With SP staying firm on its stand for removal of Beni Prasad Verma from the government, UPA chairperson Sonia Gandhi on Wednesday reached out to Mulayam Singh Yadav in Lok Sabha and asked him with folded hands to give up his demand for his resignation.
Samajwadi Party got support
from unexpected quarters when Leader of Opposition in Lok Sabha Sushma Swaraj backed Yadav and said in the Lower House that Verma's charge against the SP chief of taking commissions was a breach of privilege.
She said the matter should be referred to the Privileges Committee.
Gandhi, who was present in the House and was watching the new bonhomie between SP, an outside supporter of the government, and BJP, walked upto Yadav's seat soon after Lok Sabha was adjourned around noon.
Though she was not audible to reporters in the press gallery, Gandhi was seen talking to Yadav with folded hands.
During the conversation, Yadav complained about Verma to Gandhi, who requested him to give up his demand for the minister's resignation, according to SP sources.
BJP members, as well as senior ministers of the UPA government, were taken aback at this.
Soon after Gandhi left, Brij Bhushan Sharan Singh (SP) came over to Swaraj and LK Advani to inform them about the development and said they were still firm on their stand, the sources said.
Yadav too walked upto the BJP benches and reiterated his stand.
Verma, who was not present in the House on Wednesday, met Prime Minister Manmohan Singh. He then publicly expressed regret over his remarks.
These developments have come at a time when government said the crisis has blown over and "the matter is closed".
"I had expressed regret over the matter the day before yesterday in the House. They (SP) have not raised the issue after that. I met them yesterday and they are satisfied and the matter is closed," parliamentary affairs minister Kamal Nath told reporters before Lok Sabha met.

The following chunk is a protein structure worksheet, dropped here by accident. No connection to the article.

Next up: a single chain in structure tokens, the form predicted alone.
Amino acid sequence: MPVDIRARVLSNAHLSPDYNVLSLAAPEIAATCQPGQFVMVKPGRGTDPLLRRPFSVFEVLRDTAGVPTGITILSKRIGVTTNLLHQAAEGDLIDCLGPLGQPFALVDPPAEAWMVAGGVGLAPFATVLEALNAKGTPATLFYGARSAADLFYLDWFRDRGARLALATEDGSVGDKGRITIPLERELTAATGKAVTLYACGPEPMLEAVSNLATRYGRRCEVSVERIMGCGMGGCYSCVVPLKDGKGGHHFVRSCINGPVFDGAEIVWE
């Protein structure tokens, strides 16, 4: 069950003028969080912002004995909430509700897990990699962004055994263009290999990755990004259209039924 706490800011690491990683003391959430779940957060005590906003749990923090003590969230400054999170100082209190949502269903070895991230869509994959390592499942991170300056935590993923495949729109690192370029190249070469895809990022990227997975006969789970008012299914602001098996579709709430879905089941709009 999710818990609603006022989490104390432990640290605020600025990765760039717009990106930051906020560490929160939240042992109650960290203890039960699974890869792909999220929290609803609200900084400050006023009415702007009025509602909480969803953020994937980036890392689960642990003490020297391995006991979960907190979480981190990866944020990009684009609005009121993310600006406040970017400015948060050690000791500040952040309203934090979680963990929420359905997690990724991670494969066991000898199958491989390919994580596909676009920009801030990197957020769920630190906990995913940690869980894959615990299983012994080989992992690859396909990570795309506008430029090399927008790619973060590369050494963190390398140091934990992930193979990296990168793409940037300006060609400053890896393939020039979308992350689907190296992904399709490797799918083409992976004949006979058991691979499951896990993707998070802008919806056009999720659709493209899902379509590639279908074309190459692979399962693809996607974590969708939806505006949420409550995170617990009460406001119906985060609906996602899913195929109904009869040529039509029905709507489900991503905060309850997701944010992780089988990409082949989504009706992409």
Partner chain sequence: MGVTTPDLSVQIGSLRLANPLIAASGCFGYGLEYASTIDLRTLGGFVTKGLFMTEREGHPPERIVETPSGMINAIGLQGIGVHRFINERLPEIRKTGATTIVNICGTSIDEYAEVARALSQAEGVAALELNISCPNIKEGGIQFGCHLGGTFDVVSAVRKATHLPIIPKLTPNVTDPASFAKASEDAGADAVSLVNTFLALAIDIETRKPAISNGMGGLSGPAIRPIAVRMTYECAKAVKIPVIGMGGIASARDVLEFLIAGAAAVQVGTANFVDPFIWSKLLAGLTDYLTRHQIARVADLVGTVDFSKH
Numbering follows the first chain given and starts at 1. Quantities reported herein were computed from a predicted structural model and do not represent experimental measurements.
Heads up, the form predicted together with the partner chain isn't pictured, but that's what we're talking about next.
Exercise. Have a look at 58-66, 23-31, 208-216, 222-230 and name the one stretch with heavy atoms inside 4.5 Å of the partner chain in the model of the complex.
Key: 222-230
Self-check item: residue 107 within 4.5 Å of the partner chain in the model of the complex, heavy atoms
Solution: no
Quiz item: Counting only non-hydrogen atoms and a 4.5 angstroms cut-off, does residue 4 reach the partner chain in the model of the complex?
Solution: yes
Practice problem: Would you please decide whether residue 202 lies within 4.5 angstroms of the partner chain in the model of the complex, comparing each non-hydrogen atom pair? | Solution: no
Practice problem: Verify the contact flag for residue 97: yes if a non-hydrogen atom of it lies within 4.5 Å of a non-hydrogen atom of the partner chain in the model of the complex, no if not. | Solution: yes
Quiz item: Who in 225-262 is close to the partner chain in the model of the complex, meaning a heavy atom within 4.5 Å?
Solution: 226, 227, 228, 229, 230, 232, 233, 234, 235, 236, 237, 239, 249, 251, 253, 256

SP's demand has come at a time when the government needs its support in the wake of DMK walking out of UPA.
Party general secretary Janardan Dwivedi had on Monday remained non-committal when asked whether Congress will take action against Verma but had made the party's displeasure clear by saying it has "taken this issue very seriously".
A section in Congress believes that Verma could be warming up to other parties like BSP ahead of the next Lok Sabha elections.
Talking to reporters outside Parliament House two days back, Verma had said he stood by his statement that Yadav allegedly had "terrorist links". He had also ruled out stepping down following the SP leader's demand, saying, "Has he made me a minister?"
Verma had stuck to his guns even as Congress had snubbed him in an apparent bid to mollify SP, which is supporting the government from outside.
"The party is not in agreement with what he (Verma) has said. We do not approve of the statement he has given. Congress has always said that the partymen should talk seriously. SP is supporting our government from outside," party spokesperson Rashid Alvi had said on Monday.
Verma had also skipped the crucial meeting of Congress Parliamentary addressed by party president Sonia Gandhi on Tuesday.
The controversy involving a supporting party had come at a time when the government was facing the political challenge in the wake of UPA constituent DMK pulling out of the alliance on the Sri Lankan Tamils issue.
Verma has also said he would continue to remain in the party and was not resigning from the Cabinet.
"I will remain in Congress all my life. Let people say what they want to say," Verma said on Tuesday.
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